HONG KONG (Reuters) - Shares of Italian fashion company Prada SpA (1913.HK) fell nearly 4 percent on Wednesday to their lowest in three weeks as investors cashed out after British fashion house Burberry (BRBY.L) warned that a slowdown in China could hit earnings.
The profit-warning came as recent Chinese data signaled a further slowing of the world’s second-largest economy, unnerving investors about its impact on consumer demand.
China’s retail sales growth of all consumer goods including luxury goods slowed to 13.2 percent year-on-year in August to 1.67 trillion yuan ($263.6 billion) from 18.1 percent growth in December, official data showed. Retail sales of gold, silver and jewellery grew 14.9 percent year-on-year to 17.9 billion yuan in August, compared with 35.6 percent growth in December.
“Investors are more down-to-earth nowadays. They look at a luxury stock in a sensible way and would make no mercy to unload the shares if there is any sign of slower growth,” said Alfred Chan, chief dealer at Cheer Pearl Investment.
“Burberry’s warning has rung the bell of a potential major correction ahead.”
Shares of Prada, which competes with Louis Vuitton (LVMH.PA) and PPR's (PRTP.PA) Gucci, fell as much as 3.9 percent to HK$57.65, their lowest since Aug 24, lagging a 0.84 percent gain in the benchmark Hang Seng Index .HSI.
Burberry’s profit warning on Tuesday gave the clearest sign yet that a slowdown in China and Europe’s debt crisis are bringing a nearly three-year boom in demand for luxury goods to an end.
“Prada will not be immune,” Gloria Tsuen, an analyst at CIMB, wrote in a research note. “We think the long-awaited slowdown in luxury consumption driven by global economic and political uncertainties is finally starting to have a meaningful impact on performance.”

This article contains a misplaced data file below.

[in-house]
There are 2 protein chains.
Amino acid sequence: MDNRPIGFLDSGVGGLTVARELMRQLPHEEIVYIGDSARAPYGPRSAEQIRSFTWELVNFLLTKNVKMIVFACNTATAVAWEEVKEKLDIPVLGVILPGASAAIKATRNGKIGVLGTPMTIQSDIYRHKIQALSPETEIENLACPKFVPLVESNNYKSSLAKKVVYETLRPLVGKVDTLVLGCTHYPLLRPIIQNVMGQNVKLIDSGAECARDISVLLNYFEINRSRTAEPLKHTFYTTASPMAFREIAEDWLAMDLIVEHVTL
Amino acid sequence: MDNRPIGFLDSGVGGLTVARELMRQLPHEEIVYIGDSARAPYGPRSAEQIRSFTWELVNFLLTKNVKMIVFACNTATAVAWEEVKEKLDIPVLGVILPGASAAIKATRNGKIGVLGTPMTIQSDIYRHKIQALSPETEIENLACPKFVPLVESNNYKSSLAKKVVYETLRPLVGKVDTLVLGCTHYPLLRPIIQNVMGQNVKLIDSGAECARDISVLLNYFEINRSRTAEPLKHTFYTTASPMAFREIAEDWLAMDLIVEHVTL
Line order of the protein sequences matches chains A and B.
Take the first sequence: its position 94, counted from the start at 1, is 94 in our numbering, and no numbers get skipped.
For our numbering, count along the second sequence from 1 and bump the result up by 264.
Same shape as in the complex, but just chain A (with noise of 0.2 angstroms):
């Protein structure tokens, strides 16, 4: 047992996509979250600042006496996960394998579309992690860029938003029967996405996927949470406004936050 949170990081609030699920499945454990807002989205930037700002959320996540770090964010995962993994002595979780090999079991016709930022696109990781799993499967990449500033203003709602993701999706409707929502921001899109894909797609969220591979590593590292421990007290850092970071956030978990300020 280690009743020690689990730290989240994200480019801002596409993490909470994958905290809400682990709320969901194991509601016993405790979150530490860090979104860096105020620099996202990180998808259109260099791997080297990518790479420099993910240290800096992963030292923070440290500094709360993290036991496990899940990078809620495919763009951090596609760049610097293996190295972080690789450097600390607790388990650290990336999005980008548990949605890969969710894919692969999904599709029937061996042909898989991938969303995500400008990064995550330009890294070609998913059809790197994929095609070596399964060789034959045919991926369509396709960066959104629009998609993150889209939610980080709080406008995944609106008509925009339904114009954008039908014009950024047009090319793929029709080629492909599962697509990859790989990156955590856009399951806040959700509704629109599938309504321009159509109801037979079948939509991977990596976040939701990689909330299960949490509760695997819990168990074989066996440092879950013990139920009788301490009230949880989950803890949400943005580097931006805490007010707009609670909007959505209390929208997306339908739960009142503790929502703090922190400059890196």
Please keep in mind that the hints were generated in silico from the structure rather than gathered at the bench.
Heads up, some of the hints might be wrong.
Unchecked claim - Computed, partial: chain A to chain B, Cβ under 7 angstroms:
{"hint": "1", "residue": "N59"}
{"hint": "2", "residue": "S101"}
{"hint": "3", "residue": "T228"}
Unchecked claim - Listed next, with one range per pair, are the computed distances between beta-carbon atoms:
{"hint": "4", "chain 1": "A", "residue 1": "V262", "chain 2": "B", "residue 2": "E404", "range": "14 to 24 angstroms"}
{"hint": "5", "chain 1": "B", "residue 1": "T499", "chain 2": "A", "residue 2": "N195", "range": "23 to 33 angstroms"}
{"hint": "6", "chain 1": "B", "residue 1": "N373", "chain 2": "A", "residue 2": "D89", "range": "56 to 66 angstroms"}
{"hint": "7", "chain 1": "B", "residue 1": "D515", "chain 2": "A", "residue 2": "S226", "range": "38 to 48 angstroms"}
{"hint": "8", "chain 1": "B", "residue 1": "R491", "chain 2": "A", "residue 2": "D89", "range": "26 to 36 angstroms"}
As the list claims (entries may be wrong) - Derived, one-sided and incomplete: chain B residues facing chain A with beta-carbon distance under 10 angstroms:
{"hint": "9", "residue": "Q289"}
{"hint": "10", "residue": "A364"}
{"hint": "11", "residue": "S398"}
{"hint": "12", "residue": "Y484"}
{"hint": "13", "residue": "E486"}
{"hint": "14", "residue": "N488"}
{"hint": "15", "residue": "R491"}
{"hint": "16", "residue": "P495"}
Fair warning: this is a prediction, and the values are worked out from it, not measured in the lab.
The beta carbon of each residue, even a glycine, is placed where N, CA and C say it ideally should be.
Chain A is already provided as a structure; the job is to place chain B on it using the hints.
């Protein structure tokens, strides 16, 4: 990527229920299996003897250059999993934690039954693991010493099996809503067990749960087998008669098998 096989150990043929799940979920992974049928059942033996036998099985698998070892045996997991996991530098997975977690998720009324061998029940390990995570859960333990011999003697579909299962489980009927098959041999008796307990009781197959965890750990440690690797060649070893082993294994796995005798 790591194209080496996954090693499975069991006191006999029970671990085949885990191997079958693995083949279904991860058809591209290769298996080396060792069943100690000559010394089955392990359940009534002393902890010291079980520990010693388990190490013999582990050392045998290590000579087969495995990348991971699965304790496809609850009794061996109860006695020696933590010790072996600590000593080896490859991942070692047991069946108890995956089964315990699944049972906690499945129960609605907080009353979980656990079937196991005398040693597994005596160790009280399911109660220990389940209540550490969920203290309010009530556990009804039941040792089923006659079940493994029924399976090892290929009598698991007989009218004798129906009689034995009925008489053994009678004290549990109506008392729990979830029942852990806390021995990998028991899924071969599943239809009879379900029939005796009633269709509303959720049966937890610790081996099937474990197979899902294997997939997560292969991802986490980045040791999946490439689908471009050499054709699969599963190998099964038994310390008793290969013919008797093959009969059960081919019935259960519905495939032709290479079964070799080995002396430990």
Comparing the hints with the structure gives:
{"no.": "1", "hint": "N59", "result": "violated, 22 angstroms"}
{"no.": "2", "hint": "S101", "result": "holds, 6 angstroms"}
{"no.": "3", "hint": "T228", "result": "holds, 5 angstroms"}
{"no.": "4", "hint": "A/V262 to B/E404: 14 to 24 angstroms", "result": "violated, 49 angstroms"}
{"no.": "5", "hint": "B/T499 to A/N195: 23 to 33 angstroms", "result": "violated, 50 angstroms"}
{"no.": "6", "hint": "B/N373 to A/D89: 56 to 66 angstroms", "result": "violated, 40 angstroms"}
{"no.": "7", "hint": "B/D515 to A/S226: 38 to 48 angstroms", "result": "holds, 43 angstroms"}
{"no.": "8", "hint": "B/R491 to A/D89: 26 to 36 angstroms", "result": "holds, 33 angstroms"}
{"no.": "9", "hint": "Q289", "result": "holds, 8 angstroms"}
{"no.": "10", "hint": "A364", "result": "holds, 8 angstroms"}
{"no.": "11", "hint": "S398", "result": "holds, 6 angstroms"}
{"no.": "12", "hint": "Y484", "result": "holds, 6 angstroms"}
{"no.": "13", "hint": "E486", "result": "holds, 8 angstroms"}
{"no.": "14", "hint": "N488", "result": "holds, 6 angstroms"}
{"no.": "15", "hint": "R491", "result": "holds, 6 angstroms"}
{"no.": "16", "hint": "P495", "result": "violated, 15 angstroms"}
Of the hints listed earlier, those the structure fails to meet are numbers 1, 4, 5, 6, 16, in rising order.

Tsuen downgraded Prada to neutral from outperform.
Shares of luxury retailer Emperor Watch and Jewellery Ltd (0887.HK) were also hit, with the stock down 1.3 percent.
China is the world’s third-biggest market for personal luxury goods, with total sales of about 160 billion yuan ($25 billion) a year. In the next three years, it is expected to leapfrog Japan and the United States to take the top spot.
Luxury companies, which rebounded strongly from the 2008/9 financial crisis, had withstood the ensuing global slowdown as demand from fast-growing China and other emerging markets compensated for wobbling sales in Europe and the United States.
But with China slowing, investors are now questioning how long and how well they will hold up.
Analysts said some brands were faring better than others with labels such as Prada, Bottega Veneta and Yves Saint Laurent performing well, with others such as Hugo Boss (BOSSn.DE) and Louis Vuitton starting to feel the pinch. ($1 = 6.3351 Chinese yuan)
Reporting by Donny Kwok and Twinnie Siu; Editing by Muralikumar Anantharaman